Shibley Telhami brookings institute israel survey apartheid
© Dina Telhami
Shibley Telhami
52 percent of Middle East scholars say the two-state solution is no longer possible. 59 percent say the current reality is "akin to apartheid."

Last week Shibley Telhami and Marc Lynch released a survey of nearly 1300 Middle East scholars that found that by large majorities they regard the reality in Israel/Palestine as "akin to apartheid" and think the two-state solution is dead.
Perhaps the starkest finding of the survey is the collective assessment of the Israeli-Palestinian conflict. A strong majority, 59%, describes the current reality for Israel and the Palestinians as "a one-state reality akin to apartheid."
Here are the key questions and results. Likelihood of a two-state "outcome"
a) It's no longer possible 52%
b) It's possible and probable within the next ten years 6
c) It's possible, but improbable within the next ten years 42
And, the apartheid question. Which of the following comes closest to describing the current reality in Israel, the West Bank, and Gaza:
a) The state of Israel with temporary occupation of the West Bank and Gaza 2%
b) The state of Israel with semi-permanent occupation of the West Bank and Gaza 30
c) Two unequal states 1
d) A one-state reality with inequality, but not akin to Apartheid 7
e) A one-state reality akin to Apartheid 59
Telhami and Lynch observe, "While the Biden administration will probably seek to kick-start diplomacy, the experts offer little hope for achieving a two-state solution."

The Washington Post published the findings as a survey of "experts" but managed to not mention the key findings in the headline.

This survey supports what Al-Haq calls the "mounting recognition" that Israel is practicing apartheid. Comedian Michael Che echoed that recognition on Saturday Night Live four days ago bringing a torrent of condemnation from Israel supporters but far more support from Israel critics. The Israeli human rights group B'Tselem issueda bombshell report saying Israel maintains "a regime of Jewish supremacy between" the river and the sea last month. It follows on many other such pronouncements, including Rep. Betty McCollum saying the word "apartheid" to the US Campaign for Palestinian Rights 2 years ago.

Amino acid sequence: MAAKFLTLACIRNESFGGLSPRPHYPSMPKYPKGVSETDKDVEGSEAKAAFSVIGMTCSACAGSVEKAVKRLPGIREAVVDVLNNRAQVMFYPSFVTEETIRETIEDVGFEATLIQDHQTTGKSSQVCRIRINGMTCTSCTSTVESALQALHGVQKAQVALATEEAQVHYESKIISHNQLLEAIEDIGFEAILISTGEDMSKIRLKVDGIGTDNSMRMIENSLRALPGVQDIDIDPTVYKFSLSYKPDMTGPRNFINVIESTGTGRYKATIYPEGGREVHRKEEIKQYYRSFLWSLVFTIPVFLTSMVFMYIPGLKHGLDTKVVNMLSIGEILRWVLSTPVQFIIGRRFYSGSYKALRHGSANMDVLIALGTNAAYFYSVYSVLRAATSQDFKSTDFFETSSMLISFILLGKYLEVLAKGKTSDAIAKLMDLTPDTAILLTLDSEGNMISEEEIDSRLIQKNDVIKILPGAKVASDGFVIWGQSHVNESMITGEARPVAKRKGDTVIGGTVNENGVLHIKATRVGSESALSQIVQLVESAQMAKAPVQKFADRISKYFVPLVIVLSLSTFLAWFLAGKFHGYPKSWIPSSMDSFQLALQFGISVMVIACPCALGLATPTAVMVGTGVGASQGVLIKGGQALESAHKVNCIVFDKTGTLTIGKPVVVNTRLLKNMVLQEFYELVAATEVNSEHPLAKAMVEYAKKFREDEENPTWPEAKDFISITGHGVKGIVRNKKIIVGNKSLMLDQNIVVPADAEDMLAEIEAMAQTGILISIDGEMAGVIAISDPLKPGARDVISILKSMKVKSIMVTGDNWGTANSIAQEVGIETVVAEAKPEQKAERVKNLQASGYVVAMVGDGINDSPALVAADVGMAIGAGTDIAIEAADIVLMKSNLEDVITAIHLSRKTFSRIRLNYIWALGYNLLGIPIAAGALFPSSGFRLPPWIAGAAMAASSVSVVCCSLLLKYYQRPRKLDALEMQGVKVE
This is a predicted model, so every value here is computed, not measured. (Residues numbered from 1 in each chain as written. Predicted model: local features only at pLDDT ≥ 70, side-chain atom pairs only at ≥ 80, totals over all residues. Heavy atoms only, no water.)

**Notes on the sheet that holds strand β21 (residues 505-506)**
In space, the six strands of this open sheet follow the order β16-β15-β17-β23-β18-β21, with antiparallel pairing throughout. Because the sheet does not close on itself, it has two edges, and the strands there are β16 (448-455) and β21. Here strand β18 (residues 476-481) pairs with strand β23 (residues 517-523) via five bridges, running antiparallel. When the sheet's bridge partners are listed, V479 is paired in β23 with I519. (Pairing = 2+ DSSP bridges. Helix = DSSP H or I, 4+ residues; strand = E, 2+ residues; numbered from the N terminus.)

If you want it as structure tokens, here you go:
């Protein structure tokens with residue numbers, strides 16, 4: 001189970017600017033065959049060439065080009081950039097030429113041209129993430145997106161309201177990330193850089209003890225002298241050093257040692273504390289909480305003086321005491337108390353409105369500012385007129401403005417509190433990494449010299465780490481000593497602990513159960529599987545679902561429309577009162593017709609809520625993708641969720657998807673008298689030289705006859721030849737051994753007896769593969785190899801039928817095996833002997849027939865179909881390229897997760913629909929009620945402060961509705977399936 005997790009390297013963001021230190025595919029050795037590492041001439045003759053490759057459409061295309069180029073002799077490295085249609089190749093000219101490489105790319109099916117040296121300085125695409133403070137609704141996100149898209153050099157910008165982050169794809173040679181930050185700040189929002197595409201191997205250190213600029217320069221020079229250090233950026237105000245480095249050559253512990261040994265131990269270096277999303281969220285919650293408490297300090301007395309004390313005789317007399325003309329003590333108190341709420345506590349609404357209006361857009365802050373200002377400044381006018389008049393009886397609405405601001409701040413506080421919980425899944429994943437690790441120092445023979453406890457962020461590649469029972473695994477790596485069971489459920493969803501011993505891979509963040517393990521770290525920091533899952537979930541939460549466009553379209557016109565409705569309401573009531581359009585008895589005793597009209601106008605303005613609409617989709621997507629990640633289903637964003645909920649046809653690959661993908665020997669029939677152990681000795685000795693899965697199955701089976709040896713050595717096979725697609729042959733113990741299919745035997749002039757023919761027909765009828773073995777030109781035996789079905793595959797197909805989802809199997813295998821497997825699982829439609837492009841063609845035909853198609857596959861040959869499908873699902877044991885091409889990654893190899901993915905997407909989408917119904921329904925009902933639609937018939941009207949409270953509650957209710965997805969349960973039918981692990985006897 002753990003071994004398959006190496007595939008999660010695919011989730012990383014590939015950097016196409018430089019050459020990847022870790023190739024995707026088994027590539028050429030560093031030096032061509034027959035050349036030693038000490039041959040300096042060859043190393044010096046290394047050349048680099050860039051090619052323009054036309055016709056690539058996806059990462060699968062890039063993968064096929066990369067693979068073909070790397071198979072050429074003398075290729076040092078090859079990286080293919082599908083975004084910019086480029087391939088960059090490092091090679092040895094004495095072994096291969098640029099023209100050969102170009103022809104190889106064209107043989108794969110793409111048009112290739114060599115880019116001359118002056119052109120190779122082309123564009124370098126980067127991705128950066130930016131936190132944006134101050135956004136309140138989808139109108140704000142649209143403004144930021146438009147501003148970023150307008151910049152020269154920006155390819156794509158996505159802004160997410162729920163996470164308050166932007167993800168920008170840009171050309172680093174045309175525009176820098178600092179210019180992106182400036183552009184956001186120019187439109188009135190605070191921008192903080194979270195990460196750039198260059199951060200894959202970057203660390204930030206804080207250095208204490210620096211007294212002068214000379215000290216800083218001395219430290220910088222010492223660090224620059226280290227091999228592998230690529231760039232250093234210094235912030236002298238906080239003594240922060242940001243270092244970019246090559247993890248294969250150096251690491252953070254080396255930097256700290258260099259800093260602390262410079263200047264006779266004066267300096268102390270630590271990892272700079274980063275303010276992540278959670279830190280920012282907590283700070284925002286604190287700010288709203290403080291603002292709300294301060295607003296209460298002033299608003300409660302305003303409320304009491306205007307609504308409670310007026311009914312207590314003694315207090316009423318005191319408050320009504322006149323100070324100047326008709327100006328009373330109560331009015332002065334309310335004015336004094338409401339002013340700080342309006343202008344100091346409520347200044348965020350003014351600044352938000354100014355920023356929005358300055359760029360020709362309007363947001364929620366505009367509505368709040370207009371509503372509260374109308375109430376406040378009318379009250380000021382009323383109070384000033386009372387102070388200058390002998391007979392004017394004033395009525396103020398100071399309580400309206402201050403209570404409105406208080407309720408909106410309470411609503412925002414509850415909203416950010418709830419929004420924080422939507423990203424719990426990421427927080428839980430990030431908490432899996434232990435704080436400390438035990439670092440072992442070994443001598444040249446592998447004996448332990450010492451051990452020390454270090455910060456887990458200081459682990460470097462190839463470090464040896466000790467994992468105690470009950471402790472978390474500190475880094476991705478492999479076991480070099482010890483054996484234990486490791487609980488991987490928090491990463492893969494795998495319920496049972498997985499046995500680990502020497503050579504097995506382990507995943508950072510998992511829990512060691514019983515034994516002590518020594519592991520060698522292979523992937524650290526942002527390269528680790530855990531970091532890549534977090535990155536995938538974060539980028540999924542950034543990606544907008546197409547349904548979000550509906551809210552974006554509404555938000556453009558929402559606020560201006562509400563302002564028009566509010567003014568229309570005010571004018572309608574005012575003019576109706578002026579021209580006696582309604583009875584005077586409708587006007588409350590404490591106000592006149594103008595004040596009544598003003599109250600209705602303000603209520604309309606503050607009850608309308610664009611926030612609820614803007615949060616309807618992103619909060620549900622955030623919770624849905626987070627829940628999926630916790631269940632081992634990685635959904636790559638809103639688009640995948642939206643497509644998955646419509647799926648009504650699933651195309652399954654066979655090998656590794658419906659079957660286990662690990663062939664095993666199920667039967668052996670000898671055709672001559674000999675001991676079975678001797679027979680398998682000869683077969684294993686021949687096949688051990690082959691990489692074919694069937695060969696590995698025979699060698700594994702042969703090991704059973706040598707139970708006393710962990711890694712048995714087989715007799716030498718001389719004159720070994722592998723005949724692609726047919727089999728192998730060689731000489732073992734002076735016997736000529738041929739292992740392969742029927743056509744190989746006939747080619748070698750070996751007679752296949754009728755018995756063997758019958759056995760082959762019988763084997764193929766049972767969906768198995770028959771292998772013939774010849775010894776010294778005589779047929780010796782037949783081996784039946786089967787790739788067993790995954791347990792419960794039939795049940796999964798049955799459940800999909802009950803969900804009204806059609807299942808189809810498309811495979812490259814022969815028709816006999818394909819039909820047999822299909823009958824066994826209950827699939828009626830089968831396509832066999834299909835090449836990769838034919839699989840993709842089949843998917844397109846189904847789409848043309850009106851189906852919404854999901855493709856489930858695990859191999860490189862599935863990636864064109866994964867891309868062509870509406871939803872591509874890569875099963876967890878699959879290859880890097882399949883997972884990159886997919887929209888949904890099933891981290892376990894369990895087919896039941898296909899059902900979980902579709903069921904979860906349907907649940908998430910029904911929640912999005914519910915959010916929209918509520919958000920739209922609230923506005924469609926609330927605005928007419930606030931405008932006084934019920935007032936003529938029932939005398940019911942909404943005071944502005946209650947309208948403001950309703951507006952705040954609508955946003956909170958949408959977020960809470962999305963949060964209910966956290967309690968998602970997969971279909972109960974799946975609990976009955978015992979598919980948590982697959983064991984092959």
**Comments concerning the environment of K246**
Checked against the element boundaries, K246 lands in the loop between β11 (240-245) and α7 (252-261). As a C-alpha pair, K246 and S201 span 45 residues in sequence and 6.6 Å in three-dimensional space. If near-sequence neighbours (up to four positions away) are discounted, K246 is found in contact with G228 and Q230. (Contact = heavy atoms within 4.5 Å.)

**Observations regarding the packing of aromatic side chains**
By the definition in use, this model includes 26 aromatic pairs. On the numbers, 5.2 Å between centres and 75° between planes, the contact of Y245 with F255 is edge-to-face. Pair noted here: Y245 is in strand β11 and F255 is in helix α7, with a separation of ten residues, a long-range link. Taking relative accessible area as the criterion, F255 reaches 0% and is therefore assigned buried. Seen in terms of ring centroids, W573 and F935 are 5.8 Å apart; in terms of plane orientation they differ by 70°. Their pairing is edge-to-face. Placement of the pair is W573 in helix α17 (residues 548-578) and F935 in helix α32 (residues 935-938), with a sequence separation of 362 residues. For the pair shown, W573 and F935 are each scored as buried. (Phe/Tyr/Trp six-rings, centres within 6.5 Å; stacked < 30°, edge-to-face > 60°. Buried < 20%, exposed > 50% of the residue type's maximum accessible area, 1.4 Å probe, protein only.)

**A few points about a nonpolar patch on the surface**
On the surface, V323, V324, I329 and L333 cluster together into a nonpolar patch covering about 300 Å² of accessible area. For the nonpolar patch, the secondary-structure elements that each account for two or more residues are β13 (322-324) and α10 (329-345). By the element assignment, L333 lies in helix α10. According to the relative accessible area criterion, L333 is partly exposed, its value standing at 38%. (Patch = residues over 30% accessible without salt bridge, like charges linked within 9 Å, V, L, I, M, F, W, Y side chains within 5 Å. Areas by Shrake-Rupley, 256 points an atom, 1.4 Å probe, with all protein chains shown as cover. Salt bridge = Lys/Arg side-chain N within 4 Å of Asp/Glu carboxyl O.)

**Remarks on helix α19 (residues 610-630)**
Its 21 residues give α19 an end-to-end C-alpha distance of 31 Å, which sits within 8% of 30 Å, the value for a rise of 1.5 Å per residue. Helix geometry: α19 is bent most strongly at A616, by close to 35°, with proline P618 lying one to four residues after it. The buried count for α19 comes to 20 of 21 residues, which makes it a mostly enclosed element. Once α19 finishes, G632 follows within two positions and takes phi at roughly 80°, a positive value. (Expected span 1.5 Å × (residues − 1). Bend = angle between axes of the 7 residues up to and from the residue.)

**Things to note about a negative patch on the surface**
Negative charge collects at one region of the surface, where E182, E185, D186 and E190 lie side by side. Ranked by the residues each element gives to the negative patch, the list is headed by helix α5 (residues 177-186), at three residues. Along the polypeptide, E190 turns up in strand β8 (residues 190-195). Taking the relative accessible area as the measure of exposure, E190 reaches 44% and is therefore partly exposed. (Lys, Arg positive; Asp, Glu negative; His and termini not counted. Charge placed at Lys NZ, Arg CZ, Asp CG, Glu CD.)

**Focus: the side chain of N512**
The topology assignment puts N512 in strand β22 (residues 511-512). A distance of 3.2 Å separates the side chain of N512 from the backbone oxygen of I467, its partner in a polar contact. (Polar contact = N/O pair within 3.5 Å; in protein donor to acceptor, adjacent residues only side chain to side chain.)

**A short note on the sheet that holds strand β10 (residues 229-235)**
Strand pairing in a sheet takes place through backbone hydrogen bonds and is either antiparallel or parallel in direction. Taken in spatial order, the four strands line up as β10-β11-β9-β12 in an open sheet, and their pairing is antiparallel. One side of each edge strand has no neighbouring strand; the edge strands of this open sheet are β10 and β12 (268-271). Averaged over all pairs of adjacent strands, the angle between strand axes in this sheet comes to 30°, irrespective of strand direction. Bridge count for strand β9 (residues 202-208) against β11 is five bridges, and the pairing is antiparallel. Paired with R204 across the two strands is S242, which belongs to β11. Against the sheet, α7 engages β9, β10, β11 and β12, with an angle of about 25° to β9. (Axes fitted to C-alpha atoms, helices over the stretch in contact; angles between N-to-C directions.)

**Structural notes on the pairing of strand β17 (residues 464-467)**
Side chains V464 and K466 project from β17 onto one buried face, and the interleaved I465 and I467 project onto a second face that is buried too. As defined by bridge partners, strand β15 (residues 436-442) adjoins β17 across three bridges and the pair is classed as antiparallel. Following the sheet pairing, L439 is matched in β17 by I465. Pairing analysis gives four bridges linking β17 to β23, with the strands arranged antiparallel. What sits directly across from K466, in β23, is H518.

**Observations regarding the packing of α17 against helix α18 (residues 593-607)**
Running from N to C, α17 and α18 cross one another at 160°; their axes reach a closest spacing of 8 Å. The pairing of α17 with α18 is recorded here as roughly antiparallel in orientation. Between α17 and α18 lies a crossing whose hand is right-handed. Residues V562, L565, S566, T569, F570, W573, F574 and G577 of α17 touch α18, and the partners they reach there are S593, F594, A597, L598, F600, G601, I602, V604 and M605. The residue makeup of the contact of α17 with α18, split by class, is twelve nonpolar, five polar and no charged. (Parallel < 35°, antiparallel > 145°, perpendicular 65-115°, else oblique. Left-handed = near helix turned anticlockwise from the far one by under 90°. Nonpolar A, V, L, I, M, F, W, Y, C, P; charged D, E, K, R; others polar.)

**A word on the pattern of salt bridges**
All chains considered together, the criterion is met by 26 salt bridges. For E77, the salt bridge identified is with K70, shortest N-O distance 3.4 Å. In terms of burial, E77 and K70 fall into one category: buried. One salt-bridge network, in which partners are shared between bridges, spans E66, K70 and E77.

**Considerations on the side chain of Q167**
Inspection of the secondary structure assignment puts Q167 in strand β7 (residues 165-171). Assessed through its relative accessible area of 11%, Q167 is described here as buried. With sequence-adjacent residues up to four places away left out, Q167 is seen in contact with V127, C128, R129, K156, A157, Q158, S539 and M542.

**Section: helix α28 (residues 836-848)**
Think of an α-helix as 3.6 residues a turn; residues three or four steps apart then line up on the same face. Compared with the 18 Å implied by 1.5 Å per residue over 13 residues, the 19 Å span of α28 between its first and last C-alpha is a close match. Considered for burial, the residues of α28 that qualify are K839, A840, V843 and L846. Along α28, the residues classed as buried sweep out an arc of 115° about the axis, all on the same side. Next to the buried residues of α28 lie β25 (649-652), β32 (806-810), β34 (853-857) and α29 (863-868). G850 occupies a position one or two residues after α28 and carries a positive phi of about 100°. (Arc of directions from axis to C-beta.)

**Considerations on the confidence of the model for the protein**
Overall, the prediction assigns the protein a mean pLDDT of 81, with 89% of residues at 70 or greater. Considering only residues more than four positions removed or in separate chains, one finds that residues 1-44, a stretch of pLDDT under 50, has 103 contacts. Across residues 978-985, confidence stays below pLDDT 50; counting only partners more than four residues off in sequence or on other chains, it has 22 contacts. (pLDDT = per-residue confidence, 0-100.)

And as we wrote last week, there is a long tradition of the mainstream media ignoring these declarations. And right alongside that, of liberal Zionists avoiding the news. There has been scarcely any pickup of the Telhami/Lynch survey outside the Washington Post blog they put it on and Newsweek. "In the foreign policy establishment there's still this theology of the two state solution," as Ben Rhodes said on Peter Beinart's podcast 10 days ago.

My only question is why only 59 percent call it apartheid? quips Donald Johnson. The number grows to 77 percent when the scholars were asked, If there's no two-state solution in ten years, which is most likely to describe the reality in Israel, the West Bank, and Gaza.
a) A single state with equality between Israelis and Palestinians 1%
b) A one-state reality with increasing inequality, but not akin to Apartheid 17%
c) A one-state reality akin to Apartheid 77%
d) A confederation 3%

Refused 2%
Takeaway, nobody sees equality on the horizon! The Jewish state is just going to extend its discriminatory reach.

The scholars are plainly more left-leaning than establishment types. By two-to-one they said that the U.S. interests are best served by returning "immediately to the JCPOA [Iran deal] before addressing other issues." 23 percent echoed the Biden/f.p. establishment line that the U.S. should try to negotiate a more expansive Iran deal that includes missiles and drones "and regional security."

Conducted earlier this month, the survey drew "on the membership of the Middle East Studies Association, the American Political Science Association's MENA Politics Section and the Project on Middle East Political Science at George Washington University." The experts were allowed to respond anonymously. 28 percent of the experts live outside the United States, 71 percent in the United States.